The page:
Wednesday nights were a badminton nights at the club. Usually about ten people, all expatriates. There were some Indonesian members of the club, but very few, and occasionally one would join us. We had a late meal in the restaurant afterwards. It was open-sided as many public buildings were in such a warm climate and overlooked the lake. Meals were about £3 such as steamed white fish, pepper steaks (a huge amount of pepper), beef stroganof, chicken kiev, kebabs, etc. I gave up badminton after Bob went to Hong Kong as he seemed to be the main organiser of the evening. On reflection, I think I should have continued, or perhaps it all folded, I can't remember.
I played badminton with Bob, Ian, Doug and Ann on 2nd October. She looked lovely with her slim, dark body in a white sports dress. The next evening I went to Tim C's house for a meeting of The Jakarta Players where people were discussing the next show "Alfie". There was a game to give away some tickets. Four male and four female volunteers were blind-folded and asked to guess what it was that was put around their necks and faces (for women) or on their chests under their shirts (men). It was revoltingly slimy, sticky and green so there was much shrieking. Ann C acted up a lot, but got it right as American Slime. She held it to her nose after the blindfold was taken off.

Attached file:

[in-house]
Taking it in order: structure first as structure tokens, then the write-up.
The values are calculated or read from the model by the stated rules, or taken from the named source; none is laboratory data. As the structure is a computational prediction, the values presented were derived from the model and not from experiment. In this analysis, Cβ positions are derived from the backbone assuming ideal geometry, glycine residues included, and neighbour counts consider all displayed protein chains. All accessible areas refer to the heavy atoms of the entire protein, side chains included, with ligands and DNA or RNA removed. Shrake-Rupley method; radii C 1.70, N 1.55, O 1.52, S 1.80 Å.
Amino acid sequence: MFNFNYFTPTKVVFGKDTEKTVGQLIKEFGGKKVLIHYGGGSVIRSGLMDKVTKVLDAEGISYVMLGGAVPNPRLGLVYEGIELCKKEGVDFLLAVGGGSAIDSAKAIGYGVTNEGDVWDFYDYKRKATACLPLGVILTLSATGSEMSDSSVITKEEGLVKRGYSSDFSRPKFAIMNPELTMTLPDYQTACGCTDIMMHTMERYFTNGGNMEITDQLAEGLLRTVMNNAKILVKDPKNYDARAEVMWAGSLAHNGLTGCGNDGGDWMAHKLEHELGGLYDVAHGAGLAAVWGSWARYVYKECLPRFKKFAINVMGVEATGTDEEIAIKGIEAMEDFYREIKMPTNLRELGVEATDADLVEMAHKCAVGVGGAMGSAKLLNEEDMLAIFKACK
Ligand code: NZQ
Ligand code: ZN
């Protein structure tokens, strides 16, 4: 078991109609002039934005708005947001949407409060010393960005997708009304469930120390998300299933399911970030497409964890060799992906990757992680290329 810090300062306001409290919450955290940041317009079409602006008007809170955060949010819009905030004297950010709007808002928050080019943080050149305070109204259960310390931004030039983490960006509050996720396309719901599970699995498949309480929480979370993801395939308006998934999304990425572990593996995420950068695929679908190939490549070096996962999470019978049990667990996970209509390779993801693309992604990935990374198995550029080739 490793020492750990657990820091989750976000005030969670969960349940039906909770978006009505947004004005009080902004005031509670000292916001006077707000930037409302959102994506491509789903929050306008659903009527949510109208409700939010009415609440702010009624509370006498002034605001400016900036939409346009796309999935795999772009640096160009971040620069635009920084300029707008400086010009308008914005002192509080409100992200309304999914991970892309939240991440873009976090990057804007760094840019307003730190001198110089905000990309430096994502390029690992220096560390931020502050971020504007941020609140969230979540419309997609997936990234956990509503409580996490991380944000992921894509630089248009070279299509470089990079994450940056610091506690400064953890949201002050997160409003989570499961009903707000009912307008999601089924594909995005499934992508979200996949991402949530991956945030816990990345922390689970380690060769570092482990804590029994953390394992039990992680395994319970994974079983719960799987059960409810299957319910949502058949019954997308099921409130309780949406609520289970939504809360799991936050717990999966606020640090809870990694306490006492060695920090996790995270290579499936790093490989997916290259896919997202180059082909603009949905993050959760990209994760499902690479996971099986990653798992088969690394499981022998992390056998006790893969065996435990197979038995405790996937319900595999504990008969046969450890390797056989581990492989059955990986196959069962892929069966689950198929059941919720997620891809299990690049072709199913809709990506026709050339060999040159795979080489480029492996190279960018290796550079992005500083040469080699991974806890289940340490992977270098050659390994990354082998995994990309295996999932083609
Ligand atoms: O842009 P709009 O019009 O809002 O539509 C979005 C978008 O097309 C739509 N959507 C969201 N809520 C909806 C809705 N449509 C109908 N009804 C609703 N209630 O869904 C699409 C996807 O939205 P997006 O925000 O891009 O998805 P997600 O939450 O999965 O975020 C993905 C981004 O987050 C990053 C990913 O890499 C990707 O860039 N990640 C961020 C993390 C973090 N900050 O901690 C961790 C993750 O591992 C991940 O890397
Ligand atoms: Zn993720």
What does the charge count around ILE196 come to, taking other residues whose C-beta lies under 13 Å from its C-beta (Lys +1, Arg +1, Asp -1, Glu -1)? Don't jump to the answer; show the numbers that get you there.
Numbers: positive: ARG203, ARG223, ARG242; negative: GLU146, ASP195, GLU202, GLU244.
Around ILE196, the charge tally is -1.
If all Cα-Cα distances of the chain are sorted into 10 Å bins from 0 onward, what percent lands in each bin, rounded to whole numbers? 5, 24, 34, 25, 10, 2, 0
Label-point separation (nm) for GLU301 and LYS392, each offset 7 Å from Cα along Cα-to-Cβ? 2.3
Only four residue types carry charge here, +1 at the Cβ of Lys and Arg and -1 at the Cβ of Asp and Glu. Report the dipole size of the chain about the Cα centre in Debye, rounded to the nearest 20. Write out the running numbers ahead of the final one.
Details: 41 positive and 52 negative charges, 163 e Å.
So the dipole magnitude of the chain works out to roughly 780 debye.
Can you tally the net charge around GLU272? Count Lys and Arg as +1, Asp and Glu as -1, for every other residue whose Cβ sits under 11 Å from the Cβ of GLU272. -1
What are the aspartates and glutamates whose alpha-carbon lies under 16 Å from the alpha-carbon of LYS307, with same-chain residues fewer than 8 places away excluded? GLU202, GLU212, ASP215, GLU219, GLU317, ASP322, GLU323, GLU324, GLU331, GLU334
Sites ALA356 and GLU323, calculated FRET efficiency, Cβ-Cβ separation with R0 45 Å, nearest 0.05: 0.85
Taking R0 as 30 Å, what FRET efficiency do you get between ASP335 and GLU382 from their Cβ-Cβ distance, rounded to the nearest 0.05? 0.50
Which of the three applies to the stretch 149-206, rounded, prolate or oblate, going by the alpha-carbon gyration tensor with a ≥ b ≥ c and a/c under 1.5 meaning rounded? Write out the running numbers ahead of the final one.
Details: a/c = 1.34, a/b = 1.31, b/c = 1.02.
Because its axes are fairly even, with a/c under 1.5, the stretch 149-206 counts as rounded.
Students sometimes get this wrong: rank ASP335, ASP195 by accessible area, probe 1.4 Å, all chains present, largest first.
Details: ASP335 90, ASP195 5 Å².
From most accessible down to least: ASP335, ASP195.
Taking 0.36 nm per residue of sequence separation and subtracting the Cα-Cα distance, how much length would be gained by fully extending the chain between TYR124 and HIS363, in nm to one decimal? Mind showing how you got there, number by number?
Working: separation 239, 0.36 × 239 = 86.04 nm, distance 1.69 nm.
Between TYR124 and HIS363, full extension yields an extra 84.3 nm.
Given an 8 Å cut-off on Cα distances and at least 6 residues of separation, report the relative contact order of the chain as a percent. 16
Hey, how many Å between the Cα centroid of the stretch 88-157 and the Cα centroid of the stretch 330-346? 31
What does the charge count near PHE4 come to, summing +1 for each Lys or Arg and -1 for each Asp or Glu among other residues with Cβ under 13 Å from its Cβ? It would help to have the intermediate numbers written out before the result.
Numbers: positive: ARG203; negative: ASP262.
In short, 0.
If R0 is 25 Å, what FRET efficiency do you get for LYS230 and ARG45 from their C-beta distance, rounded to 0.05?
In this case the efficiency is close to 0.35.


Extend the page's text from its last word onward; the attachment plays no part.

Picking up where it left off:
Thursday 6th October. Ian and I went to the Hilton Hotel for a drink. Cool and civilised with hostesses dressed in orange kebayas. I woke up in the night feeling something inside my bed. I moved a bit and felt a sharp jab of pain right at the end of my cock. I leapt out of bed, turned the light on and whipped my pyjama bottoms off all in an instant. I saw a huge cockroach on the bed, which I killed with a sandal. I didn't know at that time whether they stung people or not, so I was sweating buckets. A few days before I had seen a dead cockroach on the floor which I kicked just to make sure it was dead. Hundreds of small ants poured out like a liquid. They had been trying to pull it across the floor.